The number of superlatives you can use to describe the stock market's recent drop is truly incredible:
...and despite all that, the S&P 500 is currently trading down by just about 1% on the year after Monday's bounce!
So could we have seen the bottom already?
Despite many quantitative traders' preferences to the contrary, investing will always be more an art than a science. The truth is that there are no iron-clad "laws" of investing and well always being trying to empirically derive "rules of thumb" from ludicrously small, heterogeneous sample sizes. That said, there are certain combinations of indicators that we believe can help identify near-term extremes in market sentiment.
One set of indicators we monitor, shamelessly borrowed from Cam Hui, is called the "Trifecta Model" for spotting near-term bottoms. In essence, it looks for extreme readings across three uncorrelated oversold indicators:
1) The VIX term structure, which measures the implied volatility of front month at-the-money options relative to that of similar options with three months until expiration. In essence, readings about 1.00 on this indicator show excessive short-term fear in the options markets.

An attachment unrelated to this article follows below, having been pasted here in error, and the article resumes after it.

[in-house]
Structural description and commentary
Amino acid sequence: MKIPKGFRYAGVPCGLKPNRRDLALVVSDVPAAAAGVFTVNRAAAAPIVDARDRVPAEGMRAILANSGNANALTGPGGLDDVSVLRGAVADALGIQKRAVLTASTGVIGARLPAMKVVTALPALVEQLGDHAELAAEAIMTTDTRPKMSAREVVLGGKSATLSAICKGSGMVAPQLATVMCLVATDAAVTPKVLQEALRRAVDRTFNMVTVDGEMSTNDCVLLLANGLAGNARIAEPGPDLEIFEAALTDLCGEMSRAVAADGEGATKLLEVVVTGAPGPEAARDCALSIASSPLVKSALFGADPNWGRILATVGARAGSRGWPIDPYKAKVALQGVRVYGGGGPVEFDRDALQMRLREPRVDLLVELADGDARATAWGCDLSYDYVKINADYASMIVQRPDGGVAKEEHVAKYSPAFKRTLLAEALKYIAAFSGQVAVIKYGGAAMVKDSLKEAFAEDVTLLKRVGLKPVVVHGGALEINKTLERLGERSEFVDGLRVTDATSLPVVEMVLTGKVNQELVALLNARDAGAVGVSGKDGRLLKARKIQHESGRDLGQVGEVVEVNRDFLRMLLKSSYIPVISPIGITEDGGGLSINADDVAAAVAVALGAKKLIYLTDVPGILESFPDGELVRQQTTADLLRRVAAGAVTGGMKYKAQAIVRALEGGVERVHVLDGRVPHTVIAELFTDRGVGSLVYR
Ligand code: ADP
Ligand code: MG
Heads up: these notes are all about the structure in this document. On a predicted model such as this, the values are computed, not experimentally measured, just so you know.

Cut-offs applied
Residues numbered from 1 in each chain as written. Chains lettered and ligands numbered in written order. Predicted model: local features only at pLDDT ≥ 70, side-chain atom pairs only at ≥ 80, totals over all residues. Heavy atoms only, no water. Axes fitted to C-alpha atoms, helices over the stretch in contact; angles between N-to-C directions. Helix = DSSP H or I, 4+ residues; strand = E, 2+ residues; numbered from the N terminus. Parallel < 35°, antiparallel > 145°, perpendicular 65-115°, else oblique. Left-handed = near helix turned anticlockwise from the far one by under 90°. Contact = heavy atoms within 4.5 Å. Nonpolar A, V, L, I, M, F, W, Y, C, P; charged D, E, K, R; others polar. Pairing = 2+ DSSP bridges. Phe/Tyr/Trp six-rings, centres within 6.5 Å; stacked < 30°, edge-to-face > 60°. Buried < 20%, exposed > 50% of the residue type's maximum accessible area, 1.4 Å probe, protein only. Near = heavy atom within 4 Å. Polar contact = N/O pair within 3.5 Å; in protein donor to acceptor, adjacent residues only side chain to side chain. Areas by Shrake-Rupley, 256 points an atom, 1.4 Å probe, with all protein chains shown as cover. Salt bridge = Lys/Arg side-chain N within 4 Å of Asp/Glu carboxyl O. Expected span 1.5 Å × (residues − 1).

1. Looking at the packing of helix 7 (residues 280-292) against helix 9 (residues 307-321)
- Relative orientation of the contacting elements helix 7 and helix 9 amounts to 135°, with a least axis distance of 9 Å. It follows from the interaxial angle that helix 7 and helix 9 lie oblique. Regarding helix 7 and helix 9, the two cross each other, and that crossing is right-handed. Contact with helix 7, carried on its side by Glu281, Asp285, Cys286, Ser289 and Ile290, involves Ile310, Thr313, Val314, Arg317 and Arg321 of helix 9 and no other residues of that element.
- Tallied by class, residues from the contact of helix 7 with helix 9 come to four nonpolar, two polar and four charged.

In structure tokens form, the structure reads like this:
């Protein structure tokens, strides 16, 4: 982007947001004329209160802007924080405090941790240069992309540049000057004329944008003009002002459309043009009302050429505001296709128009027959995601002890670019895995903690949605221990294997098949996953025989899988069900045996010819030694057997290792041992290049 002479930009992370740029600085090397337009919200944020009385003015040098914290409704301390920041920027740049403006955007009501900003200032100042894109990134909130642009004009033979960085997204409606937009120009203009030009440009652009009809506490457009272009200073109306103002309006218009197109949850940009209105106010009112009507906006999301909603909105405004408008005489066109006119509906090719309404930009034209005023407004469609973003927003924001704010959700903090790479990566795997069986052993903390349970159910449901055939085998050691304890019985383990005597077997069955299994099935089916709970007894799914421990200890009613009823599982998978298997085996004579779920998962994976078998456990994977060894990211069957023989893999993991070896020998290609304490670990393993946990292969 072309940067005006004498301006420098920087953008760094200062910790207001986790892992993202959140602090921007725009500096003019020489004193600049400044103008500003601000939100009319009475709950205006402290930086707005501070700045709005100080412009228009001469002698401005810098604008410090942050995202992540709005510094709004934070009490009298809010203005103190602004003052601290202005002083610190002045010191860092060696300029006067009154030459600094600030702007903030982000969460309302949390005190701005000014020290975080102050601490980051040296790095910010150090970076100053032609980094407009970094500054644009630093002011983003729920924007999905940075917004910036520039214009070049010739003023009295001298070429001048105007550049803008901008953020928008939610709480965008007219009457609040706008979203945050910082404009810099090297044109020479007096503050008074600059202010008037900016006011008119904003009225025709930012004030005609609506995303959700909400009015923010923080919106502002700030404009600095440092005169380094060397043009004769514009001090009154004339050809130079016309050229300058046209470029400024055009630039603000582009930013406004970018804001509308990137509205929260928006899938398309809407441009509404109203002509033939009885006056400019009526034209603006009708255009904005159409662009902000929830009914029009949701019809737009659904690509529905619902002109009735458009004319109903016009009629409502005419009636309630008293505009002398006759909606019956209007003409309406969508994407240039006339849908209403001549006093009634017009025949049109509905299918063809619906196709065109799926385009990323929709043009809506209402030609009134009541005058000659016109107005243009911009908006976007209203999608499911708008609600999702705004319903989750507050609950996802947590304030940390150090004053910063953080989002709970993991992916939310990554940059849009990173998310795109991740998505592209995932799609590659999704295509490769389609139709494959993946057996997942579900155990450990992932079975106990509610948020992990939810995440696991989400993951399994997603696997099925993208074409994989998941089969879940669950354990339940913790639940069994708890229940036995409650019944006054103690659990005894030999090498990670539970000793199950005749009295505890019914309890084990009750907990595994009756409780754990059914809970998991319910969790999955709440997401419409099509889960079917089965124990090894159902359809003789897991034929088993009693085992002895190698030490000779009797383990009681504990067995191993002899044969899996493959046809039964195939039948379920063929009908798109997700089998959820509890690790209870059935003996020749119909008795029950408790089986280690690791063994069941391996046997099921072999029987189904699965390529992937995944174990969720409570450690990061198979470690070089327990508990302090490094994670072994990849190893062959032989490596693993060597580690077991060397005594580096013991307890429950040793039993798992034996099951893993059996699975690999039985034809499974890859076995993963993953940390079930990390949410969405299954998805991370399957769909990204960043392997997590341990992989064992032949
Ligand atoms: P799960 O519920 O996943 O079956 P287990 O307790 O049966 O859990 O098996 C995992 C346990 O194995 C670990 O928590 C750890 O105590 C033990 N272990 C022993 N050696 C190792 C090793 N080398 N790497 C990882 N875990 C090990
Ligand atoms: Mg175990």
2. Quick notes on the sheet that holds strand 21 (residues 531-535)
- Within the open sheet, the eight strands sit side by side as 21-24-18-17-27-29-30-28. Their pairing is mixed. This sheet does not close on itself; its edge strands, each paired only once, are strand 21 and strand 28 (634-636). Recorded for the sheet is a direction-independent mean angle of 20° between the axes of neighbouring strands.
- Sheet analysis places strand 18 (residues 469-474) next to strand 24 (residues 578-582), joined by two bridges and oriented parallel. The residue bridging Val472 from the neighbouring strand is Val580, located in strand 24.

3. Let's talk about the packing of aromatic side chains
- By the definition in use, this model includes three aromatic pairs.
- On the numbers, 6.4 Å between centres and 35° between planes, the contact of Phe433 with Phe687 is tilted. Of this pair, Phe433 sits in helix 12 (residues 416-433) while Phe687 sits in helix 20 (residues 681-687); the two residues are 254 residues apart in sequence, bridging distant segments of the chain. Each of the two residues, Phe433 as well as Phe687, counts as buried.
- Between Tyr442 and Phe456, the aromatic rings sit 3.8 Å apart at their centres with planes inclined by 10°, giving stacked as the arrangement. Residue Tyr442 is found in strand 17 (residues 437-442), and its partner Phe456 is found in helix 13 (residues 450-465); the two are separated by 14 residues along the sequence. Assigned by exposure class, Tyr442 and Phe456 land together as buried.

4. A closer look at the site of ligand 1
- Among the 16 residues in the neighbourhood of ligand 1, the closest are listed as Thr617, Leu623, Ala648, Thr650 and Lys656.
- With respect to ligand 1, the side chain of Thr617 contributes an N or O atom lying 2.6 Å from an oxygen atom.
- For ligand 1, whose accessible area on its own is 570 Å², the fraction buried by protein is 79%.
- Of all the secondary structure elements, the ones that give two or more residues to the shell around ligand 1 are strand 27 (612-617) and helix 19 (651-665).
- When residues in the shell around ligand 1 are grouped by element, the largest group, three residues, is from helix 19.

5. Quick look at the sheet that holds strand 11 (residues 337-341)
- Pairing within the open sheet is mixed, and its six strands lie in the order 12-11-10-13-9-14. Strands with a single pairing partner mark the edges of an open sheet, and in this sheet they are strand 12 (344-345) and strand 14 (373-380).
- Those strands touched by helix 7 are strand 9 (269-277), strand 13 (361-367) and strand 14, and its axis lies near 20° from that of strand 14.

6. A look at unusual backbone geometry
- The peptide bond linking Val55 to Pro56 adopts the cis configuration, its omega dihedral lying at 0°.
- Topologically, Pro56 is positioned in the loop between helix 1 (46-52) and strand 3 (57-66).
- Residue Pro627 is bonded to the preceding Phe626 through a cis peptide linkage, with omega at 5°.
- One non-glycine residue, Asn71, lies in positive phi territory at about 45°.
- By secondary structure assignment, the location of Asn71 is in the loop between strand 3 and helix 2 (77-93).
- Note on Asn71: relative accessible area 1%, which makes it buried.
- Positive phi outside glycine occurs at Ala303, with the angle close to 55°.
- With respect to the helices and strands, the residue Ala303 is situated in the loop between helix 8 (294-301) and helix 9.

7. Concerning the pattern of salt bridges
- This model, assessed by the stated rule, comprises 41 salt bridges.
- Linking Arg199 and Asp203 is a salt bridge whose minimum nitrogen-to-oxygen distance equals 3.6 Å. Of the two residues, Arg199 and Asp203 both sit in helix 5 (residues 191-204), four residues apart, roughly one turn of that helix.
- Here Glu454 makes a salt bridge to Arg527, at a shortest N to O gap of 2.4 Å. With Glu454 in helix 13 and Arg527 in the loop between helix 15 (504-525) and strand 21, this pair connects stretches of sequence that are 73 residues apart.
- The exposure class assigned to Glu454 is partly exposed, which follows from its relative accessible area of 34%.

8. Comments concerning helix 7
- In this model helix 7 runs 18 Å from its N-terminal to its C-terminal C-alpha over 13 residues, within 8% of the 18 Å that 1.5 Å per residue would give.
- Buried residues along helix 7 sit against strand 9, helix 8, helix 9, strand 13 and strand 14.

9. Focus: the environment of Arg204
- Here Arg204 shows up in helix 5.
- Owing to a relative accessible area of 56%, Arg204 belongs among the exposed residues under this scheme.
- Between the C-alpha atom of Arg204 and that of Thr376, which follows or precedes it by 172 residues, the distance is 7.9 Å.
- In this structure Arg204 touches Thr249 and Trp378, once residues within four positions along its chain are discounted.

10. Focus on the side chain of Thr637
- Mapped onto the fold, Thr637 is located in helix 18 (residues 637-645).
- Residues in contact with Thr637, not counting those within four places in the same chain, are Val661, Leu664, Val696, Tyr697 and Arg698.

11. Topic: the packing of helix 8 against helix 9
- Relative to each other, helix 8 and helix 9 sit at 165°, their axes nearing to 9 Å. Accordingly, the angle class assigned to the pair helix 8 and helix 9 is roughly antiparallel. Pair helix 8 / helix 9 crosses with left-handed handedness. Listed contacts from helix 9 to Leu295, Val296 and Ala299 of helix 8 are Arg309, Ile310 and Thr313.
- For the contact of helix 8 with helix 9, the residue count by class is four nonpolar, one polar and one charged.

2) The TRIN, which compares the number of advancing and declining to stocks to the volume in those stocks. A reading above 2 signals strong selling volume, or excessive fear in the stock market
3) The number of S&P 500 stocks trading above their 50-day MAs relative to the number trading above their 150-day MAs, where a move below 0.5 represents an excessively fast drop in the market relative to the medium-term trend.
The chart below plots the S&P 500 with vertical lines in weeks where all three of the above indicators crossed the above thresholds:
Source: Stockcharts.com, Faraday Research
As you can see, this combination of indicators has done a fairly good job of highlighting short-term oversold extremes over the last five years. Like any model, it's track record isn't perfect though; for instance, it highlighted a possible panic bottom in August 2015, and while the S&P 500 did rally somewhat from those lows over the next two months, it failed to reach a new high and eventually broke back below those lows again in early 2016 (triggering another slightly-premature signal in the process).
That said, last week's signal easily eclipsed all three indicator thresholds, quantifying the amount of panic in the market as the highest in the last five years (with the possible exception of the US debt downgrade in 2015). Over the course of the big nearly-decade long uptrend, similar signals have proven to be near-term buying opportunities more often than not.
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